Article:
A few weeks ago, I got asked by a local church to talk to their parents about strategies to help monitor their kids’ social media use. This topic is one I get asked about a lot, and I know that a lot of parents are struggling with it. When they brought me up there, they were looking for a silver bullet of an app, service, or method to use to help make sure their kids don’t get into trouble on social media. I started the talk with a simple statement: your kids don’t need social media accounts and you don’t either.
Do kids need social media accounts?
Before you immediately close the page, hear me out. Facebook has now been around for 15 years, Twitter has been around for 13 years, and Instagram has been around for 8 years. These services have become engrained in our lives. My oldest son who is almost nine doesn’t know a world without them. All of my kids have grown up with Wi-Fi, super-fast internet, iPads, and iPhones. For them, technology is a way of life. For me (I’m in my mid–30s),
I grew up without so much of it. That’s not to say we didn’t have computers in the house (we did), but I didn’t grow up with social media, mobile devices, or much of what the current generation has. I grew up playing computer games (Quake, Doom, etc.), Nintendo 64, PlayStation, Dreamcast, etc. We didn’t feel the pressure to get likes, retweets, or become a social media influencer. We had the pressure of knowing the best plays in NCAA football. In hindsight, we had it much better. How did we get here? How did we get to a place where you have document everything for the world to see?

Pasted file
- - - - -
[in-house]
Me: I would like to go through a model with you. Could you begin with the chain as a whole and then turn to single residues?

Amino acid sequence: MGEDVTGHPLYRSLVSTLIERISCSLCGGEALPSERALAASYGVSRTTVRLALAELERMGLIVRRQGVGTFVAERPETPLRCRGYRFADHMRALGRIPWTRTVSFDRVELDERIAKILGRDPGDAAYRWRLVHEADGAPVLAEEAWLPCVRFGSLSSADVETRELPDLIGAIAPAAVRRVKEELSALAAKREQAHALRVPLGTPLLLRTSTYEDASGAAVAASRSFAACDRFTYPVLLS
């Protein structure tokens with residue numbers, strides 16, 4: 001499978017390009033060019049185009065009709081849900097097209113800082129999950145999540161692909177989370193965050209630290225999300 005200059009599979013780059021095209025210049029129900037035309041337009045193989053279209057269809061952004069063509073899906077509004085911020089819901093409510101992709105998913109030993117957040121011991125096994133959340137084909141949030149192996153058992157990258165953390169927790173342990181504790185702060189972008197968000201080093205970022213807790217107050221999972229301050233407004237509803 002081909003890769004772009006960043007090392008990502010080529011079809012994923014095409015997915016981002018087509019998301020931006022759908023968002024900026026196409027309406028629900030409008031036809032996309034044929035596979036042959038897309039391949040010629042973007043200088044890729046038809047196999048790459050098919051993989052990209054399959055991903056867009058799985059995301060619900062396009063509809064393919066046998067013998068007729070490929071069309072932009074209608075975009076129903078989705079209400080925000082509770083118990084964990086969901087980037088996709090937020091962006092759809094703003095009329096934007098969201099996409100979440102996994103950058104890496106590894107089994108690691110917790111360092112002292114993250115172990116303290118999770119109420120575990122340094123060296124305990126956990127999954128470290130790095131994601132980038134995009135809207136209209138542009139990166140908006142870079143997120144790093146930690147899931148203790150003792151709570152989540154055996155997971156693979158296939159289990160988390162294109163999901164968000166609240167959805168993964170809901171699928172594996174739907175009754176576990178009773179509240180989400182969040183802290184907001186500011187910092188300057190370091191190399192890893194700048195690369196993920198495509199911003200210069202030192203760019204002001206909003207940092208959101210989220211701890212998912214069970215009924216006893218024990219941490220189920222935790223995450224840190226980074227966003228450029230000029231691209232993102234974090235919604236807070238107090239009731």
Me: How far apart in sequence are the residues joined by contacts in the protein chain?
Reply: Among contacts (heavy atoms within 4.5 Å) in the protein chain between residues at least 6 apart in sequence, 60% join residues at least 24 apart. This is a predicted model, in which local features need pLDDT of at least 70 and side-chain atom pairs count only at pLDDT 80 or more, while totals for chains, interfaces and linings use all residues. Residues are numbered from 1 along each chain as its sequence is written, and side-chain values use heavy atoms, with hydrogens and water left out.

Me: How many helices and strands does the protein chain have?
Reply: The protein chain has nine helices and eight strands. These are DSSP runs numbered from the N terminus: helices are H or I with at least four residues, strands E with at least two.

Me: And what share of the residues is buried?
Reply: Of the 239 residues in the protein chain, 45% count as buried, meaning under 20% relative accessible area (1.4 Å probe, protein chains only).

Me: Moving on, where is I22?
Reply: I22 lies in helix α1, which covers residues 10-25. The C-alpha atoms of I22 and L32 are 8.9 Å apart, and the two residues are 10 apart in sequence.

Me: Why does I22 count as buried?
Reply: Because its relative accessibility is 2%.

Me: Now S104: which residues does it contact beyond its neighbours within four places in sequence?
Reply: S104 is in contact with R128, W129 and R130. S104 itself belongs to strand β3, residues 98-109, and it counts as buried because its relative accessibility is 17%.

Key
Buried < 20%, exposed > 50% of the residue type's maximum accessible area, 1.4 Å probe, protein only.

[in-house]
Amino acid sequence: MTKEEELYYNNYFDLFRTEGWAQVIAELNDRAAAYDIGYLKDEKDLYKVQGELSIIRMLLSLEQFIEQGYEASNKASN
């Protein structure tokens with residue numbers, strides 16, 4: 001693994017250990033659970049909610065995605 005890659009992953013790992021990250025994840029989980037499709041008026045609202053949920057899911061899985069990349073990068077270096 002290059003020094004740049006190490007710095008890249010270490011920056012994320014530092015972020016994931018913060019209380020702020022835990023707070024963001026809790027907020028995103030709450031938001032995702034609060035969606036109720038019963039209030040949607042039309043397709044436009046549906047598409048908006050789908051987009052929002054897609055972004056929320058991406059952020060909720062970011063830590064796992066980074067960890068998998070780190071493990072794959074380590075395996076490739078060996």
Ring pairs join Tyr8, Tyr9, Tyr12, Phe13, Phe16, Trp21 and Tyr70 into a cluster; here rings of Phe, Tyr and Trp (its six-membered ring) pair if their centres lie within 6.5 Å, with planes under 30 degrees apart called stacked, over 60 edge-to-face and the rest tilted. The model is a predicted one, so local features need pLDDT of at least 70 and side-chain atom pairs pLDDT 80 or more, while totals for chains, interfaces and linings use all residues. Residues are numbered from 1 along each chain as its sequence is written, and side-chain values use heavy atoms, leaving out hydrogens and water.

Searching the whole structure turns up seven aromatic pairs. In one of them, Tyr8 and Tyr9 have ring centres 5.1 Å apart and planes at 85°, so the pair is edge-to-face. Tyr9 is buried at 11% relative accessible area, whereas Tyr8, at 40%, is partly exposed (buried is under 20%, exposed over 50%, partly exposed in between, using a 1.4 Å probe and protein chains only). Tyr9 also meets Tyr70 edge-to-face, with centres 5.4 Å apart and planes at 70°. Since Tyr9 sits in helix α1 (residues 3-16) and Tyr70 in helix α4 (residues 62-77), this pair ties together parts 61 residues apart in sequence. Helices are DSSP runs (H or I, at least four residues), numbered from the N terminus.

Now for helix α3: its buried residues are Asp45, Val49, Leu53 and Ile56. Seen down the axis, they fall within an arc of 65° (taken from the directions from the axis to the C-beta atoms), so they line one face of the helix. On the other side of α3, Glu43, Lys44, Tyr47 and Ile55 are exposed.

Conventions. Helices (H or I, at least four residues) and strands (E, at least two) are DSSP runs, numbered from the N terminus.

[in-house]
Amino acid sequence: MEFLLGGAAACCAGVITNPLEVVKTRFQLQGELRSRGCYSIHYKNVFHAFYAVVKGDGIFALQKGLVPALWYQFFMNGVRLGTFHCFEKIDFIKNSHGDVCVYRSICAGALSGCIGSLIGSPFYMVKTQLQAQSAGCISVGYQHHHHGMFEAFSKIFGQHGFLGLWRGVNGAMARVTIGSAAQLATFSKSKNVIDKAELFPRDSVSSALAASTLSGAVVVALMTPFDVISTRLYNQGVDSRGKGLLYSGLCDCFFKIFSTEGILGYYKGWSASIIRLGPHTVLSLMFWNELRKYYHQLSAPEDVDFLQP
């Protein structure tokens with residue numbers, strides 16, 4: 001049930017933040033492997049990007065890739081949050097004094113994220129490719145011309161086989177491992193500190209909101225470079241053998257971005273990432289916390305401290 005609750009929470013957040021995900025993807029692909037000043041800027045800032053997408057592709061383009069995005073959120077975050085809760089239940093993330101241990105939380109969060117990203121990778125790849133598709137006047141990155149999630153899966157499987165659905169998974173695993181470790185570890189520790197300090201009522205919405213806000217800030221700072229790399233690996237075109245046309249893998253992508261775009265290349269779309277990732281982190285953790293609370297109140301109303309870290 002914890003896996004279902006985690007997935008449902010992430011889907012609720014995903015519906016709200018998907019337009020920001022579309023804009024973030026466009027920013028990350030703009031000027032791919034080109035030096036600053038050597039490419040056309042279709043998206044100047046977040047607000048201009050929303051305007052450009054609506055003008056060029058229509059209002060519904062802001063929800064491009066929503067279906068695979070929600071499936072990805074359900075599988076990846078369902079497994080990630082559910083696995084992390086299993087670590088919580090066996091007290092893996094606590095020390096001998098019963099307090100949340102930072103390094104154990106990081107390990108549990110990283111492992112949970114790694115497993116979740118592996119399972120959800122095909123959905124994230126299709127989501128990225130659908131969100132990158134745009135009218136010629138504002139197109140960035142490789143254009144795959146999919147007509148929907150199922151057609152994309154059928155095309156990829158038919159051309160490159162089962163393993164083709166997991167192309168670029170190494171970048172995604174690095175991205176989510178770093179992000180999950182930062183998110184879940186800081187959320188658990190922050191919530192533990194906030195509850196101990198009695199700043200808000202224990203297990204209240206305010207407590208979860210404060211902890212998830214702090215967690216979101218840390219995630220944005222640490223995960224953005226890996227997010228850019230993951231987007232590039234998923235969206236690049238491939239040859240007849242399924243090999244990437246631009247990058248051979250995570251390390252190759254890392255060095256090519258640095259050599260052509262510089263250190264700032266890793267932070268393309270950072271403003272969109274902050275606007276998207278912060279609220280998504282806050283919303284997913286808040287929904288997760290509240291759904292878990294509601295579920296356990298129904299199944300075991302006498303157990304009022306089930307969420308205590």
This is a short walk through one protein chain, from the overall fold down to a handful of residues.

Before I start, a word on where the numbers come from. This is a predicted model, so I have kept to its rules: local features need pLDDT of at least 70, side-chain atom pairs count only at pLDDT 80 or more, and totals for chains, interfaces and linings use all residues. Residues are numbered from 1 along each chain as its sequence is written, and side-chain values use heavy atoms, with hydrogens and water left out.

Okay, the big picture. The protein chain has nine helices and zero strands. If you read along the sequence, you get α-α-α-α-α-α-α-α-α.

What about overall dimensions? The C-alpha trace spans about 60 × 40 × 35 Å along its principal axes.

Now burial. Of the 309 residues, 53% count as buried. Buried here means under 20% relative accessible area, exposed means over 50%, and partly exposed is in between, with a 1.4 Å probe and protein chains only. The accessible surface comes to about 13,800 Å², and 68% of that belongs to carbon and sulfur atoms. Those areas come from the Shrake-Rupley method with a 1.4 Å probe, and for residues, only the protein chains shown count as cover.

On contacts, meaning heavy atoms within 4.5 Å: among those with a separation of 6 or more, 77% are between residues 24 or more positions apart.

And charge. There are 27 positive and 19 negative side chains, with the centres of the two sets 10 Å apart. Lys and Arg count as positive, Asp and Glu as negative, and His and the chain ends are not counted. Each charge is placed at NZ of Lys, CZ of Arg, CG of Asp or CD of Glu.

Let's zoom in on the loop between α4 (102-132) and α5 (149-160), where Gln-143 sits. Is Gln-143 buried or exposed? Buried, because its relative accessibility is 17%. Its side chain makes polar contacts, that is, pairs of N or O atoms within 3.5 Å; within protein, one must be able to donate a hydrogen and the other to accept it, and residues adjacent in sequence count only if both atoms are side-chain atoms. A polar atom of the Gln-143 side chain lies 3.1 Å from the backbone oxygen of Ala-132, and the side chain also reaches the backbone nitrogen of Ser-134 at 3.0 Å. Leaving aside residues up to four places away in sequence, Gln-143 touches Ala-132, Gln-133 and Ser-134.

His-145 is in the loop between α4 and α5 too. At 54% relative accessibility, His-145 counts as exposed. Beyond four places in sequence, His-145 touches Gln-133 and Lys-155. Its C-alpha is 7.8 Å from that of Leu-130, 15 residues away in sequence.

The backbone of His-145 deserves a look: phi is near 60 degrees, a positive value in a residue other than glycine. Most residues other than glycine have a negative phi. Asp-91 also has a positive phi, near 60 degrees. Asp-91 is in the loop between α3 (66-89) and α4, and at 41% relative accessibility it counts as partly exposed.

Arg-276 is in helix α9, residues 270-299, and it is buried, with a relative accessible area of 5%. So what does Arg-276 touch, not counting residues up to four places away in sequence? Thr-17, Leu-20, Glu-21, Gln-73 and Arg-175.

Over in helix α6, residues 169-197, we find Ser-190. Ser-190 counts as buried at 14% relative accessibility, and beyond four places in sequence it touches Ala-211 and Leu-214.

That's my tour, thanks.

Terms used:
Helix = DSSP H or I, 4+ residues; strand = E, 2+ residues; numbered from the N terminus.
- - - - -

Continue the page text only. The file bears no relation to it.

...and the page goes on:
As I continued the discussion, I asked one of the parents, what are your goals for your life? They gave me a few things, and I asked how Facebook or Instagram helped with that? They said it didn’t. I then asked the same parent about their goals for their kids. They gave me a few answers, and I asked how a Facebook account helped with that. They agreed it didn’t. My next question was how many people have read something on Facebook that made them mad? Basically, the entire room had their hand up. I think that was the eye-opening moment for a lot of them. They realized that social media wasn’t helping them accomplish their goals, and it was making them angry.